Geotripper got a new camera for his birthday, and has been taking pictures of mountains. I haven’t posted enough pictures since I got my camera in December, so here’s a view of my daily commute:
Here, let me label it for people who don’t make a habit of seeing geology in landscapes (picture below fold):
The dreaded Mancos Shale, which is found on all the lower slopes in the background, was deposited near the western shore of the great interior seaway of North America, about 90 million years ago. My colleagues who are into fossils tell me that there are some massive clam shells in it, if you look in the right places. When sea level fell, the sea receded to the east, and my area became covered with a series of sandy islands or deltas like today’s Gulf of Mexico coast. The cliffs of the Mesa Verde Group (named for the place with the Ancestral Puebloan ruins) are the remnant of the old shoreline.
The La Plata Mountains in the background are a local culprit for the disappearance of the ocean here. They’re cored by igneous rocks, a shallow magma body that dates (probably) to around the time when the dinasaurs went extinct, and the sedimentary rocks have been bent into a dome above them. They’ve also got ore deposits in them, historically mined, and currently the source of conflict between neighboring landowners.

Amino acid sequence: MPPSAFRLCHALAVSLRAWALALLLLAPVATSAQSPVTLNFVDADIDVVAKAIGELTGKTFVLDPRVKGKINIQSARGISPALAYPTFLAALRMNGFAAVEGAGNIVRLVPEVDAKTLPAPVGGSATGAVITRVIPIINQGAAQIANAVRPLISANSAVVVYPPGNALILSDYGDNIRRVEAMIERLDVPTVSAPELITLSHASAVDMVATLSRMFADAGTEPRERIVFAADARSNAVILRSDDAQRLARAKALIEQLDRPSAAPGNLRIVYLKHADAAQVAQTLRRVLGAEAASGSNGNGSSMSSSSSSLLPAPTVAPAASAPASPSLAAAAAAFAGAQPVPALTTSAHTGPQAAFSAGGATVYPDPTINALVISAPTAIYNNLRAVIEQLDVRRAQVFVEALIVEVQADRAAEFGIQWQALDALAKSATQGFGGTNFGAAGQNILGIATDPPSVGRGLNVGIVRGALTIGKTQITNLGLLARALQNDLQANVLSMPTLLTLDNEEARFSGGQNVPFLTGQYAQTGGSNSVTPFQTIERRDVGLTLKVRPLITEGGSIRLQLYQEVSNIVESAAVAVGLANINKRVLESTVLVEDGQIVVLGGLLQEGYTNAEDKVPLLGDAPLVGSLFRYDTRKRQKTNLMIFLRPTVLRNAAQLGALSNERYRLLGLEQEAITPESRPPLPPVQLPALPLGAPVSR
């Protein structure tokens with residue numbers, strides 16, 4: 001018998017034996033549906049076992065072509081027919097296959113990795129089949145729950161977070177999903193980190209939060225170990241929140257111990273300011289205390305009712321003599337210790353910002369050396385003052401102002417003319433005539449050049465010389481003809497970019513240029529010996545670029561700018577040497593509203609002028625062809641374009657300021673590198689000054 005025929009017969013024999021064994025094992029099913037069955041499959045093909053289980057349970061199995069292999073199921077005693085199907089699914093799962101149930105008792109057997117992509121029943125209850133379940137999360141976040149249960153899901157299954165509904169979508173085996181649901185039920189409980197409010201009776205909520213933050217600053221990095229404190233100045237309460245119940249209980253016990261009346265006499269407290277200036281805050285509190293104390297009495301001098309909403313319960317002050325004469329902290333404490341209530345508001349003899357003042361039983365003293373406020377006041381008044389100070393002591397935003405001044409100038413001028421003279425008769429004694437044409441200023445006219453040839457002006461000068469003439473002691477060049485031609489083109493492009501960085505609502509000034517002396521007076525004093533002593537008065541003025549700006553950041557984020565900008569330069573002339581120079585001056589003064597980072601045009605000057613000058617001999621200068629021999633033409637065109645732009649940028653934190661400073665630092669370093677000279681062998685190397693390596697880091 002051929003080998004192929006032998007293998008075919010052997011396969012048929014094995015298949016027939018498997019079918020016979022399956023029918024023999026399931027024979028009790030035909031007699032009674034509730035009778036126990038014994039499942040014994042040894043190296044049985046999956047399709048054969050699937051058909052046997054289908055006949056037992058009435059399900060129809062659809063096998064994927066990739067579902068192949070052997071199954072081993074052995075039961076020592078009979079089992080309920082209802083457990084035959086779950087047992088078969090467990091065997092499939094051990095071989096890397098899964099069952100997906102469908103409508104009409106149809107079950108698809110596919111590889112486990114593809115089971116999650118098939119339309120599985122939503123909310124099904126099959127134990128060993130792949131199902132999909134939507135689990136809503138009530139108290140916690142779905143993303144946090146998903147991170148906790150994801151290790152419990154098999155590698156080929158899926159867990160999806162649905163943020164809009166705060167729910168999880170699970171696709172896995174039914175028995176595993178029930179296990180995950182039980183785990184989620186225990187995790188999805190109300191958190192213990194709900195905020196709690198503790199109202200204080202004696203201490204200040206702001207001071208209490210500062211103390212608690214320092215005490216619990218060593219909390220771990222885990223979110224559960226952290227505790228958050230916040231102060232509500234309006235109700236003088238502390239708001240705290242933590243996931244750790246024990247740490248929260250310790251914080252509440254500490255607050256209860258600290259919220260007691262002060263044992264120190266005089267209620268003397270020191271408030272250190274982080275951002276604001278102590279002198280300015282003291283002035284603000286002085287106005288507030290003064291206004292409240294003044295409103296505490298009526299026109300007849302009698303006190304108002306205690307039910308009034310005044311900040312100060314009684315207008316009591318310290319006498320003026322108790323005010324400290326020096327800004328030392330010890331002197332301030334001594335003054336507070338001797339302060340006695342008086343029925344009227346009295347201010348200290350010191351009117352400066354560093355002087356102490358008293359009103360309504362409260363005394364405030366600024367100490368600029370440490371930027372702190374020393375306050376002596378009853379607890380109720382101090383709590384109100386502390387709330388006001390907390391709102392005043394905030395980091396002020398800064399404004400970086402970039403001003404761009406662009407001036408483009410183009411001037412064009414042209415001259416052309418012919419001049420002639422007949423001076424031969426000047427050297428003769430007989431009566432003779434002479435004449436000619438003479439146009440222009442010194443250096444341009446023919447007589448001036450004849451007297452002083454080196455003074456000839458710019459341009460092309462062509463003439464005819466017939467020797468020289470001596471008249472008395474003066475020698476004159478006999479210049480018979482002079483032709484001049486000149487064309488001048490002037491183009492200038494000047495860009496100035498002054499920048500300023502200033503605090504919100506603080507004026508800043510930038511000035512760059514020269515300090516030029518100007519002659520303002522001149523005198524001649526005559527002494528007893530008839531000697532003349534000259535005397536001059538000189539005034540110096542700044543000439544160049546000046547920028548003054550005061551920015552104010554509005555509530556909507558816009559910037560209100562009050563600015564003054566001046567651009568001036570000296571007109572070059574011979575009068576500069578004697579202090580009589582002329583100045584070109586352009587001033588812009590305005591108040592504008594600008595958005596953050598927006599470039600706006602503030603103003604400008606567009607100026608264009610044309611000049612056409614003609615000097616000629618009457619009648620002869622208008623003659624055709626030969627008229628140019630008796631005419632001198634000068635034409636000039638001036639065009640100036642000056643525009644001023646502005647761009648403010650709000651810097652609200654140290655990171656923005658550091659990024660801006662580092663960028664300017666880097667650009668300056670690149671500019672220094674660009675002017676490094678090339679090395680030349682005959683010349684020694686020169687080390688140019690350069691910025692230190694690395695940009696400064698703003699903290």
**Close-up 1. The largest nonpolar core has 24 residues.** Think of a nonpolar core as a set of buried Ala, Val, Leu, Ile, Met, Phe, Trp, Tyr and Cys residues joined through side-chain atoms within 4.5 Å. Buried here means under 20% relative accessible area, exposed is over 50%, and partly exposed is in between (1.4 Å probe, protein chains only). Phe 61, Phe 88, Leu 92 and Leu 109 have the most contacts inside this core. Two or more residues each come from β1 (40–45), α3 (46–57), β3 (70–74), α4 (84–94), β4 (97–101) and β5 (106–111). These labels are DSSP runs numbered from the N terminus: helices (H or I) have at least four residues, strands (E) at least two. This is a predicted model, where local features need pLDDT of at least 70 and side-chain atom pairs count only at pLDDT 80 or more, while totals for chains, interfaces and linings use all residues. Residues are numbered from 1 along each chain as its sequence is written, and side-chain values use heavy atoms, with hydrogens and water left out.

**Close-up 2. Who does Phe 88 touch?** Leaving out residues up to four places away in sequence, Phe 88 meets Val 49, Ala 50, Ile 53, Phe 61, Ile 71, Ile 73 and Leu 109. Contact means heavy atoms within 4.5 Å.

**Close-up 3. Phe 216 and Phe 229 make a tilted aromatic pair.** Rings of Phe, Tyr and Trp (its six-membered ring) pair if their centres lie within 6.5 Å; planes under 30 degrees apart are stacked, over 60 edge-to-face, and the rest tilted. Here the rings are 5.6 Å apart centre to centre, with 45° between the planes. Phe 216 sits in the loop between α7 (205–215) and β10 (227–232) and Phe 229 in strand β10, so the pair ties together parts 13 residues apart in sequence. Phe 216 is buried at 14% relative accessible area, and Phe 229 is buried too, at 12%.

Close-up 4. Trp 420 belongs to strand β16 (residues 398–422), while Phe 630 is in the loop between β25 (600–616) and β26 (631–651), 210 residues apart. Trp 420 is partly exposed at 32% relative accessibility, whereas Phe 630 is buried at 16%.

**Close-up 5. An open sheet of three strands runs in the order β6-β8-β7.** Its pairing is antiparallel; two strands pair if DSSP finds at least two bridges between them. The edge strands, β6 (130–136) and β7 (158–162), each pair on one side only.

The pinyon and sagebrush are the native vegetation at 6800 feet. There aren’t many places in town where you find them, now. They’re growing on a terrace of glacial outwash, remnant of the ice that ended in town during the last glacial maximum. The terrace is covered by reddish loess – wind-blown silt deposited beyond the end of the glaciers as they receded. It sticks to shoes during this season.
The blowing snow was the reason I regretted not wearing a hat on the day I took this picture. Brr.
Even with cold ears, though, it’s not bad as far as commutes go.